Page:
Schoch wants to have it both ways, however, arguing that the “scientific” explanation (?) that the hyenas were really men dressed in hyena suits (!) would be impossible since Capt. Shott could not have mistaken a man for an animal, but also that the alternative—a belief in were-beasts—is “difficult” to believe.
Therefore, Schoch argues that people who believe that they have become werewolves are on drugs. Specifically, hallucinogens. But this doesn’t mean they’re crazy. Instead, he argues that taking drugs, particularly ayahuasca (yes, Graham Hancock’s favorite mind-altering substance—the one he thinks puts him in contact with divine beings), allows people to form psychic connections with animals and/or the future. Here he writes of ayahuasca under its name of yagé:
As we noted previously, there have been instances wherein users of yagé exhibit lycanthropic behavior. Could it be that this is due, at least in part, to a true telepathic rapport established with genuine wild beasts? Or might a person simply receive information telepathically from others (or from one’s future self, which is one explanation of precognition as there is evidence that the future can influence the past and present to some extent), but perceive in their own mind (or rationalize) that they are “seeing” and receiving information through the eyes of an animal?
He bases this on secondhand tales of psychic premonitions recorded by Rafael Zerda Bayón in the first two decades of the twentieth century, when Zerda Bayón studied the drug and alleged that during experiments in a remote location, one subject reported that his father died and his sister was ill. This “fact” could not be confirmed until a letter arrived announcing the death and his sister’s cure. Reading between the lines, we note that the subject said his sister was sick when in fact she was healed, meaning that he knew of her illness when she got sick, earlier. We can similarly infer that he knew his father was terminally ill, and there is no indication that his supposed premonition happened at the exact time of his father’s death. Therefore, this is no evidence for psychic power, as Schoch thinks.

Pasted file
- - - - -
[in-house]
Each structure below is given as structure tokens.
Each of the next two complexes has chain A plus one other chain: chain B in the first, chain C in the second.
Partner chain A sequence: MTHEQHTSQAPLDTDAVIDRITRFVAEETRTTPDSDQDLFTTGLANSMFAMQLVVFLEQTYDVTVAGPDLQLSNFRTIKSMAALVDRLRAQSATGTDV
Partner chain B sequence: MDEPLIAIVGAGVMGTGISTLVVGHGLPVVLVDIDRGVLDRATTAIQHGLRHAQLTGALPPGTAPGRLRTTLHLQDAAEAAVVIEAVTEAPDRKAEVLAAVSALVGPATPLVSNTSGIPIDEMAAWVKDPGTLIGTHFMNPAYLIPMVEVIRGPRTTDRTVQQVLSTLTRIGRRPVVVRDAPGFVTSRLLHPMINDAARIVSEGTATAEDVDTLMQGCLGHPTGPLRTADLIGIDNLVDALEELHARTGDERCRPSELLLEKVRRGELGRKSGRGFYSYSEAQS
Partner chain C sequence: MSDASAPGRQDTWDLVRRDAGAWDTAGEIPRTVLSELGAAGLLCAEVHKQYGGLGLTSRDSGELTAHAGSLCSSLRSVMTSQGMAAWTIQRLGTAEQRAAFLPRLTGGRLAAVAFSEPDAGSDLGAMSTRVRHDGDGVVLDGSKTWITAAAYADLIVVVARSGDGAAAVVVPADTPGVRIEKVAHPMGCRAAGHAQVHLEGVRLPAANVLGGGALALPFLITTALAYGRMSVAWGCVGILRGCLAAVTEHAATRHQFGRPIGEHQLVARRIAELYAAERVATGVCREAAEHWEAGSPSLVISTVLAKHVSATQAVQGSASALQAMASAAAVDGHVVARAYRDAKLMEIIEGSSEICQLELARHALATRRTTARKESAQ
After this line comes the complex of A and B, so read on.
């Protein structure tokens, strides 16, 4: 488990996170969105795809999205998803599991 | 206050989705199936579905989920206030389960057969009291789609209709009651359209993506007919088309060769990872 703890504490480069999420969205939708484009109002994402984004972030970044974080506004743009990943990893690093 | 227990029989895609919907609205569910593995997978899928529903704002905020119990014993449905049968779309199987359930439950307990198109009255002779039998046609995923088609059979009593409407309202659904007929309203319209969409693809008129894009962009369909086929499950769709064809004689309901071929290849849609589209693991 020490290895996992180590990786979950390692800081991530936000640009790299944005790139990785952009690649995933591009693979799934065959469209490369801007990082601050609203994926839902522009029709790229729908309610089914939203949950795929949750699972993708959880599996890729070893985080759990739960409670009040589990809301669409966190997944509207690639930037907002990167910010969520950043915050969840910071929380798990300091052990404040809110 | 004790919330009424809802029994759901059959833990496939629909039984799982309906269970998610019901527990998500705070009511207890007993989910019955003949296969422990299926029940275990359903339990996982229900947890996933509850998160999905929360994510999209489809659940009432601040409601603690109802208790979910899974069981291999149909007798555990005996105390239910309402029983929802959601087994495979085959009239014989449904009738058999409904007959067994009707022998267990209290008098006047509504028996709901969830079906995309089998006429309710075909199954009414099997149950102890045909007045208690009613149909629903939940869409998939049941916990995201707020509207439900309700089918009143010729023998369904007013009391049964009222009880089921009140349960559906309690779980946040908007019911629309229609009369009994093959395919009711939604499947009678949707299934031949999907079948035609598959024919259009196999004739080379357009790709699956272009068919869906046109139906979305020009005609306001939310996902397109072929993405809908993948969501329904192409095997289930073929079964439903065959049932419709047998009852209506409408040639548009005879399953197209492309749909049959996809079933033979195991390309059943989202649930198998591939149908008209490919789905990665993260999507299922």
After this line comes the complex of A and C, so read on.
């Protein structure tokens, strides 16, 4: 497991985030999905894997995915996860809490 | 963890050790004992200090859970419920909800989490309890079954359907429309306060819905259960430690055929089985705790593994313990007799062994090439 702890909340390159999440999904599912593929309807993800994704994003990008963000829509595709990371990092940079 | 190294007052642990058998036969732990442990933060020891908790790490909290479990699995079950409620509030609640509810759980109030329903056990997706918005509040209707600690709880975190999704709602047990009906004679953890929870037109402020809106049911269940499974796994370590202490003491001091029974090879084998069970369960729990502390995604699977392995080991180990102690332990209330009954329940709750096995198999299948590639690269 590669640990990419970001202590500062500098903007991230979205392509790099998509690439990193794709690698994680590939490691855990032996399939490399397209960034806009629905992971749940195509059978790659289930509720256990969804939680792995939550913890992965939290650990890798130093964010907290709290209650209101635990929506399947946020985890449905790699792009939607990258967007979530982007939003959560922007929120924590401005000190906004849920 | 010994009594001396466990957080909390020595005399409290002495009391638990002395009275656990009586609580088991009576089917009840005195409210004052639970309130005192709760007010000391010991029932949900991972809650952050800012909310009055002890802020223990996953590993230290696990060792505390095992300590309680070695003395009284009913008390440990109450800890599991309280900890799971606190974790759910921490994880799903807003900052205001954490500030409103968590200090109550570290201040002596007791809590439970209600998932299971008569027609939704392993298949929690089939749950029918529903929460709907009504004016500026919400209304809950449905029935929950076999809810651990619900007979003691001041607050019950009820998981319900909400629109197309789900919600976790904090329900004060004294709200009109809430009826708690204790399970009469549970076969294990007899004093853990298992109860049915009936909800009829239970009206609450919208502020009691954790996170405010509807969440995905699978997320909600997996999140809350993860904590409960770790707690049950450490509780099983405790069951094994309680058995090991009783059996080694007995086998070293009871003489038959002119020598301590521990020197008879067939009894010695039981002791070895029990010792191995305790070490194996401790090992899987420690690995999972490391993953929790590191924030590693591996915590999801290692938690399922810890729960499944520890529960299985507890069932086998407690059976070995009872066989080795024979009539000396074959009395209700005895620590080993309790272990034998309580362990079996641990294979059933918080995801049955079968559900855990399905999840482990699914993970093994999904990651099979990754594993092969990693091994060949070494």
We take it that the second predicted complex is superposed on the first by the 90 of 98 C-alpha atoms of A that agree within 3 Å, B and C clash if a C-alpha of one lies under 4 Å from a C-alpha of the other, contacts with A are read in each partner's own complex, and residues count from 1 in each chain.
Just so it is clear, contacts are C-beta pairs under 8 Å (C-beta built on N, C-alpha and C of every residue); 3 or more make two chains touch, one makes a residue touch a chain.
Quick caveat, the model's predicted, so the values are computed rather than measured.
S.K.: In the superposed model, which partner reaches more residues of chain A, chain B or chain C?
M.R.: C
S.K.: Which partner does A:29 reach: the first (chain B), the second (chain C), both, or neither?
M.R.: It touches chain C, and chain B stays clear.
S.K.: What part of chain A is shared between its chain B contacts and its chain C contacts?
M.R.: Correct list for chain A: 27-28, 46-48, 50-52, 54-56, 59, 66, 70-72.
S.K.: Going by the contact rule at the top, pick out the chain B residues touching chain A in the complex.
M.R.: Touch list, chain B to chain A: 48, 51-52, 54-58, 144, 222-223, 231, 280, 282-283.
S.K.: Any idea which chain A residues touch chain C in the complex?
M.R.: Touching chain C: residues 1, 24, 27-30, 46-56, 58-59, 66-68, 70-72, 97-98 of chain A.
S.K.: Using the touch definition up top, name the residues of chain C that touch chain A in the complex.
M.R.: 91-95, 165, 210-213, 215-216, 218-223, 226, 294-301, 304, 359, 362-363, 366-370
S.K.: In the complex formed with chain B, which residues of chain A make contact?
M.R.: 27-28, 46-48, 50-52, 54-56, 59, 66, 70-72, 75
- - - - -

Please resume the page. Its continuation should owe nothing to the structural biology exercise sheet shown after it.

Schoch quotes an anthropologist, J. H. Hutton, to the effect that a villager in British India claimed that he could tell where his pet leopard left its half-eaten kills during the night, and they were always there. Hutton never saw the villagers retrieve the animals, but took the village chief’s word for it. He also didn’t check to see whether the villager was killing the animals himself to stage his psychic show. Schoch, however, doesn’t care about whether reasonable explanations might exist.
Schoch says that to doubt such stories is “the close-minded view of the arch-skeptic and debunker,” and he therefore concludes from a few more similar accounts that “lycanthropy” is really what happens when someone takes hallucinogens and psychically projects himself into the body of an animal. It gives me great pause to see a “scientist” refuse to attempt to falsify his own claim. It makes me doubt his ability to find a lost Ice Age civilization for similar reasons.
I'm an author and editor who has published on a range of topics, including archaeology, science, and horror fiction. There's more about me in the About Jason tab.
Enter your email below to subscribe to my newsletter, The Skeptical Xenoarchaeologist, for updates on my latest projects, blog posts, and activities, and subscribe to Culture & Curiosities, my Substack newsletter.
Terms & Conditions
Please read all applicable terms and conditions before posting a comment on this blog. Posting a comment constitutes your agreement to abide by the terms and conditions linked herein.